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Chopped Canada Mystery Solved: How to Cook with Rose Water


Posted by : Dan Clapson, Tue, Feb 18 2014

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As usual, there were some bizarre ingredients hiding in the mystery ingredient baskets in episode seven of Chopped Canada. I wasn’t in the mood to expose my nostrils to the off-putting smell of durian, so I opted for another one of the more odd ingredients: rose water. It’s popular in Iranian and Indian cuisine but it’s definitely not something you’ll find in a friend’s pantry. That being said, it is readily available in most quality grocery stores so finding a bottle shouldn't be a problem.

What to do with rose water? To be honest, I had never even tasted the stuff before. After picking some up, I decided to man up and just take a big gulp of it. I was expecting the flavour experience of a bouquet of roses to slap me in the face but it was fairly subtle, somewhat perfume-y, but not in an overbearing way at all.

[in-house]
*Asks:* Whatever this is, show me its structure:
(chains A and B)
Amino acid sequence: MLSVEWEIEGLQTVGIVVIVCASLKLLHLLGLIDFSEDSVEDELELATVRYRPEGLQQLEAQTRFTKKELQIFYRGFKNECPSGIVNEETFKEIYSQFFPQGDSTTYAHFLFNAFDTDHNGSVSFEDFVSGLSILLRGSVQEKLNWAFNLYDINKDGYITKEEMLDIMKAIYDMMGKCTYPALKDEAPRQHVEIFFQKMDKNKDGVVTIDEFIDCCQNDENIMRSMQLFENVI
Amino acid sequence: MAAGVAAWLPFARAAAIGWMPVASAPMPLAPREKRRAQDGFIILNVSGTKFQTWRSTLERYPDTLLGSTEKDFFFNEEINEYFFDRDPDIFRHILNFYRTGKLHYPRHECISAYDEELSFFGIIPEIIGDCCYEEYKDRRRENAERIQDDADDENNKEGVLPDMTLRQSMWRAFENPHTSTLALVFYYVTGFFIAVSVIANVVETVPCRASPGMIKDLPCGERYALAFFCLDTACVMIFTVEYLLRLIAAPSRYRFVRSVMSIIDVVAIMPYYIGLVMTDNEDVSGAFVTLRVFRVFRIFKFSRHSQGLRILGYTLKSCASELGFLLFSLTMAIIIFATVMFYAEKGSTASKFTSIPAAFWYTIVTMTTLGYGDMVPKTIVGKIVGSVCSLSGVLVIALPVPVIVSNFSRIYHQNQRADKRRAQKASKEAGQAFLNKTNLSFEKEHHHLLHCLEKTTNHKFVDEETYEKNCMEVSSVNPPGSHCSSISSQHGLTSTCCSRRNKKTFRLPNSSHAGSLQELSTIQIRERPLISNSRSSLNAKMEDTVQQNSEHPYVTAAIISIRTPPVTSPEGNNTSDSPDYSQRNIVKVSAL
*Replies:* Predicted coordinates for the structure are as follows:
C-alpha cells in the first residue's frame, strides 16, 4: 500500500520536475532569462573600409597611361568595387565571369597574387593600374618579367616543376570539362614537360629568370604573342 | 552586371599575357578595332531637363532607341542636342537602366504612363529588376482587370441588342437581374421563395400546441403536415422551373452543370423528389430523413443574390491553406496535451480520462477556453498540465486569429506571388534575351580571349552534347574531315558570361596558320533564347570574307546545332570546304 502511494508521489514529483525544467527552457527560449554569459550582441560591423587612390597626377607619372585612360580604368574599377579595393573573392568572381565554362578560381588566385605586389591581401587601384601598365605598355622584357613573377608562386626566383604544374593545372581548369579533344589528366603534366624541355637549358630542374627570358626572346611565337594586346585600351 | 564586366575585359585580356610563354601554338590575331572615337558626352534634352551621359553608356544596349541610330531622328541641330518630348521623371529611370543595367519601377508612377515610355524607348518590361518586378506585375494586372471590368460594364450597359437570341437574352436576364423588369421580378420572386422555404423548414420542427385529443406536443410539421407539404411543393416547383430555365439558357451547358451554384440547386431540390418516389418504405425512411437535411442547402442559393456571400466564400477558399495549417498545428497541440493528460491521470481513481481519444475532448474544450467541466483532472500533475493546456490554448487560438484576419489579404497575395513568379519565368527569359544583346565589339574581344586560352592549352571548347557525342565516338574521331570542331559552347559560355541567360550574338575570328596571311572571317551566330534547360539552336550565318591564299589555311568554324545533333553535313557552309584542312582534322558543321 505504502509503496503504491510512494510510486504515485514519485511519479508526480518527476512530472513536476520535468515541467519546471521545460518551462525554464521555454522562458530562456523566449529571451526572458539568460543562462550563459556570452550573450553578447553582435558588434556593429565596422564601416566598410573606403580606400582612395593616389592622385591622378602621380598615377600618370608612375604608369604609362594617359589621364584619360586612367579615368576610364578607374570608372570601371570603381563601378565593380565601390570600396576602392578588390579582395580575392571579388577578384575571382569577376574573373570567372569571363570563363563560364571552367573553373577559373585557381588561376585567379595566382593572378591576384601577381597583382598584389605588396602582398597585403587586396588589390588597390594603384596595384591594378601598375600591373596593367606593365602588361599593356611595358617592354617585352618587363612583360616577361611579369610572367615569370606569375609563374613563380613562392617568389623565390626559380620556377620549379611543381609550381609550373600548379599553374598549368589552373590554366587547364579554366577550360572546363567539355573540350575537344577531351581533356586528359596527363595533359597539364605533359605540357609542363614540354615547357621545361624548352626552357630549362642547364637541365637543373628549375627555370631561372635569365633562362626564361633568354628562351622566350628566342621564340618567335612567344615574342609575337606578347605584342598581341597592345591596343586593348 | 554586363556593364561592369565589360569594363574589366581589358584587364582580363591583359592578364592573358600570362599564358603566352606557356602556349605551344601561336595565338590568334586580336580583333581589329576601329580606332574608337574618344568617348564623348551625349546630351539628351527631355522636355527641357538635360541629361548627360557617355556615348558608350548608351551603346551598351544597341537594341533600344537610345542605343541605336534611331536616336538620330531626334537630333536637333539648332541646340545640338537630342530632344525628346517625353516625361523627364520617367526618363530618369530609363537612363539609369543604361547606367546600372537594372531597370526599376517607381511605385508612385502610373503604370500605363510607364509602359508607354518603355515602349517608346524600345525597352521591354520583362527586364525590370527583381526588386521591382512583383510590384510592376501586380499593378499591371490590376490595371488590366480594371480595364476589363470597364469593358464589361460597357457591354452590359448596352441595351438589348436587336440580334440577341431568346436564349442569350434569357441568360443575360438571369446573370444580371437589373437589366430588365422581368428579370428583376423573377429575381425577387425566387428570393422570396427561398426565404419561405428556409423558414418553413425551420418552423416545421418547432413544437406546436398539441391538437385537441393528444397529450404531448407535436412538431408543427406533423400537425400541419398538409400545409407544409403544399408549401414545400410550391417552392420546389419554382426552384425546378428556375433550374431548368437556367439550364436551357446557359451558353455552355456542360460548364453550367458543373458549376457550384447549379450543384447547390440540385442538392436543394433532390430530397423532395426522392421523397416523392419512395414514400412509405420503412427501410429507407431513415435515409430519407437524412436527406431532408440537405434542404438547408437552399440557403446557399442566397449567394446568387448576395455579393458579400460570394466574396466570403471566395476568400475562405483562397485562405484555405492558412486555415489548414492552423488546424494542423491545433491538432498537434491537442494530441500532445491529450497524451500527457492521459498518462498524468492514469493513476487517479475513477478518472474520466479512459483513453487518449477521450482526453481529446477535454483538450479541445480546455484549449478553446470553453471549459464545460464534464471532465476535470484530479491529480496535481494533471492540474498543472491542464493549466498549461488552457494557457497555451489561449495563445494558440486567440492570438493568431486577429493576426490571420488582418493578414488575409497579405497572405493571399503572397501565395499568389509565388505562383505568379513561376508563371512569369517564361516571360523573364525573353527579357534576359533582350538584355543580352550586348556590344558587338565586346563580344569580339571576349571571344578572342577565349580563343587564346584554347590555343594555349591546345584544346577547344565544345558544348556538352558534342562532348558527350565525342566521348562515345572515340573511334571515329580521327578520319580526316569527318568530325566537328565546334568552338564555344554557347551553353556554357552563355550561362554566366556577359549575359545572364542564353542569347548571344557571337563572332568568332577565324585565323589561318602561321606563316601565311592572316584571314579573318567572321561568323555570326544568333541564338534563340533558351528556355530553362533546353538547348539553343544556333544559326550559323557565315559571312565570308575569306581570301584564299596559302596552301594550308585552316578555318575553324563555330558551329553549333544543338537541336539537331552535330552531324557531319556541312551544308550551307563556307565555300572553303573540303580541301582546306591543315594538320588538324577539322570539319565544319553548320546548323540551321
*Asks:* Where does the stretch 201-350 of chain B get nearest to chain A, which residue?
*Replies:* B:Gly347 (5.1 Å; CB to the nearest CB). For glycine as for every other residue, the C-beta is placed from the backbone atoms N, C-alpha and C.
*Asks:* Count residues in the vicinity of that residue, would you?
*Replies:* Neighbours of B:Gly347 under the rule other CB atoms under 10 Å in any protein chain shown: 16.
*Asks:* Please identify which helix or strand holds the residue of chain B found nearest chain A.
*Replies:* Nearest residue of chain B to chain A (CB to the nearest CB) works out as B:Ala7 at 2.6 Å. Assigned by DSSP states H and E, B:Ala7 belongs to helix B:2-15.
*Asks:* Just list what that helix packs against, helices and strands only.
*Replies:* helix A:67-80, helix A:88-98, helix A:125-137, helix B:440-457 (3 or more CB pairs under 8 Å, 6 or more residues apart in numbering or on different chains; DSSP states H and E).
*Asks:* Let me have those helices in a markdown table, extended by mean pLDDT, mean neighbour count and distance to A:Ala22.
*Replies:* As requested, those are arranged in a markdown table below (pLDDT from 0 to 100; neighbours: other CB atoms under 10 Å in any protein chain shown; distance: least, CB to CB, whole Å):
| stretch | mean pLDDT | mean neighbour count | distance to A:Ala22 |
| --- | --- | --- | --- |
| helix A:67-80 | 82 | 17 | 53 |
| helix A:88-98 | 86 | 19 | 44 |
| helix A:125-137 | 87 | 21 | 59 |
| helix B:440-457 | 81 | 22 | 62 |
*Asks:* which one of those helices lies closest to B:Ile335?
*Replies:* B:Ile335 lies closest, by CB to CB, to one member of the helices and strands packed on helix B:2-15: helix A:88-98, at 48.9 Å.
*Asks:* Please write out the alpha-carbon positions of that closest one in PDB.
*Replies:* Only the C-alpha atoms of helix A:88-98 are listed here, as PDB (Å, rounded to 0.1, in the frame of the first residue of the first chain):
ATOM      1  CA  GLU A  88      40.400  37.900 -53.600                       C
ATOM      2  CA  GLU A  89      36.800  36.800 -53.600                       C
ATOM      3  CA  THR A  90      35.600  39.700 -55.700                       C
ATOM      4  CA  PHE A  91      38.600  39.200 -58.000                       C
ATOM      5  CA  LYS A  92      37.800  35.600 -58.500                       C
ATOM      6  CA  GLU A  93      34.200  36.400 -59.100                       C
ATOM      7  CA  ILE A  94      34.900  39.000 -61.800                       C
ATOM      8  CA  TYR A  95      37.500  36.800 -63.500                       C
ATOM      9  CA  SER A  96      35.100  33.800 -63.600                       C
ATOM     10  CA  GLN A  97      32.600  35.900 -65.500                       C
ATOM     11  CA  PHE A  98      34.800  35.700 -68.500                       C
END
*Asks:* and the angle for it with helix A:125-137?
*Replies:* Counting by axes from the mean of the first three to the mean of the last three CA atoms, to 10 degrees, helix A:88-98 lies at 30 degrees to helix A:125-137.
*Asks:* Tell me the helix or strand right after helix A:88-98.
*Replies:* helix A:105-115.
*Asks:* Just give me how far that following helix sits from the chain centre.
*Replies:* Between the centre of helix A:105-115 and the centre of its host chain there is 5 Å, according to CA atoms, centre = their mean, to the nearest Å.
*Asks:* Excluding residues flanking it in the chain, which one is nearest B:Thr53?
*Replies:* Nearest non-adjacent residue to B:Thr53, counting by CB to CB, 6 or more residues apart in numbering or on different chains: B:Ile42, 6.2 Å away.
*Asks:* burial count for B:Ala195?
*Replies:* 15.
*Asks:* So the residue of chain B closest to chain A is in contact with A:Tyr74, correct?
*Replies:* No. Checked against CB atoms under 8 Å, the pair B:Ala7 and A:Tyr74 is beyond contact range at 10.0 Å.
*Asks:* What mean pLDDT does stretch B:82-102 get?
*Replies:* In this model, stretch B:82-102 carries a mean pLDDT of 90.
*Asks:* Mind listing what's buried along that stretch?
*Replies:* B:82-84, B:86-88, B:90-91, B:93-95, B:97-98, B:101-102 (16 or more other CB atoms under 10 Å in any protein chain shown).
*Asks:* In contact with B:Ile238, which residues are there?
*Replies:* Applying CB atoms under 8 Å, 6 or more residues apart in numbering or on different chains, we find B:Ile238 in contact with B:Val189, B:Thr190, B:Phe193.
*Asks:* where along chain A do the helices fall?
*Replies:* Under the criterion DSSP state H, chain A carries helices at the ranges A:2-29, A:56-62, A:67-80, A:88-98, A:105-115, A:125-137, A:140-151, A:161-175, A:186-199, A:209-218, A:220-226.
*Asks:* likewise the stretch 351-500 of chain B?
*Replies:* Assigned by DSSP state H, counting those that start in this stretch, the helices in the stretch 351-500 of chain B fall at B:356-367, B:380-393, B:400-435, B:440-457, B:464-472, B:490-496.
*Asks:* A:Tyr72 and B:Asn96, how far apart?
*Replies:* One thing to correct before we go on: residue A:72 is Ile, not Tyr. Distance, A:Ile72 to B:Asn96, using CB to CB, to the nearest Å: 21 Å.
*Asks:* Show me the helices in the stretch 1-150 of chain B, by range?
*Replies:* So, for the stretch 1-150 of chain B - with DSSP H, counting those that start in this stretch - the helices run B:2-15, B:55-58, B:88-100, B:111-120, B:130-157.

The problem now was trying to figure out exactly what to do with it.  When I was watching episode two, I was thinking how tough it would be to cook with gin, a mystery ingredient in the dessert round. But then it hit me - I’ll take these two mystery ingredients and make a granita! It’s not exactly the most appropriate dish for the season, but here in Calgary we are blessed with some lovely, warm chinooks, so when the weather peaks, a boozy, slushy dessert isn't uncalled for.
Gin combines with floral flavours well; you’ll even find botanicals like lemongrass and lavender in more boutique gins. Making a granita is foolproof; anyone can pull it off and this combination allows the rose water to shine without making you feel like you’re spooning into some sort of bizarre rose petal snow cone.

Gin, Apple and Rose Water Granita
Total preparation time: 2 hours and 10 minutes
Serves 4

1 1/2 cups club soda
¾ cup cane sugar
½ cup rose water
4 ounces good quality gin
1 ambrosia apple (cored and finely grated)
1 lemon (zested and juiced)

1. Place all ingredients in a medium pot and bring to a simmer on medium-high heat.
2. Transfer to shallow baking dish and place in the freezer until frozen, approximately 2 hours.
3. Remove from freezer and scrape with a fork until the granita has a slushy snow consistency.
4. Keep frozen until ready to serve.

Watch Chopped Canada Episode 7: Clams, Lamb, Thank You Ma’am
Rhubarb and Rosewater Eton Mess Recipe 

Posted: by Dan Clapson
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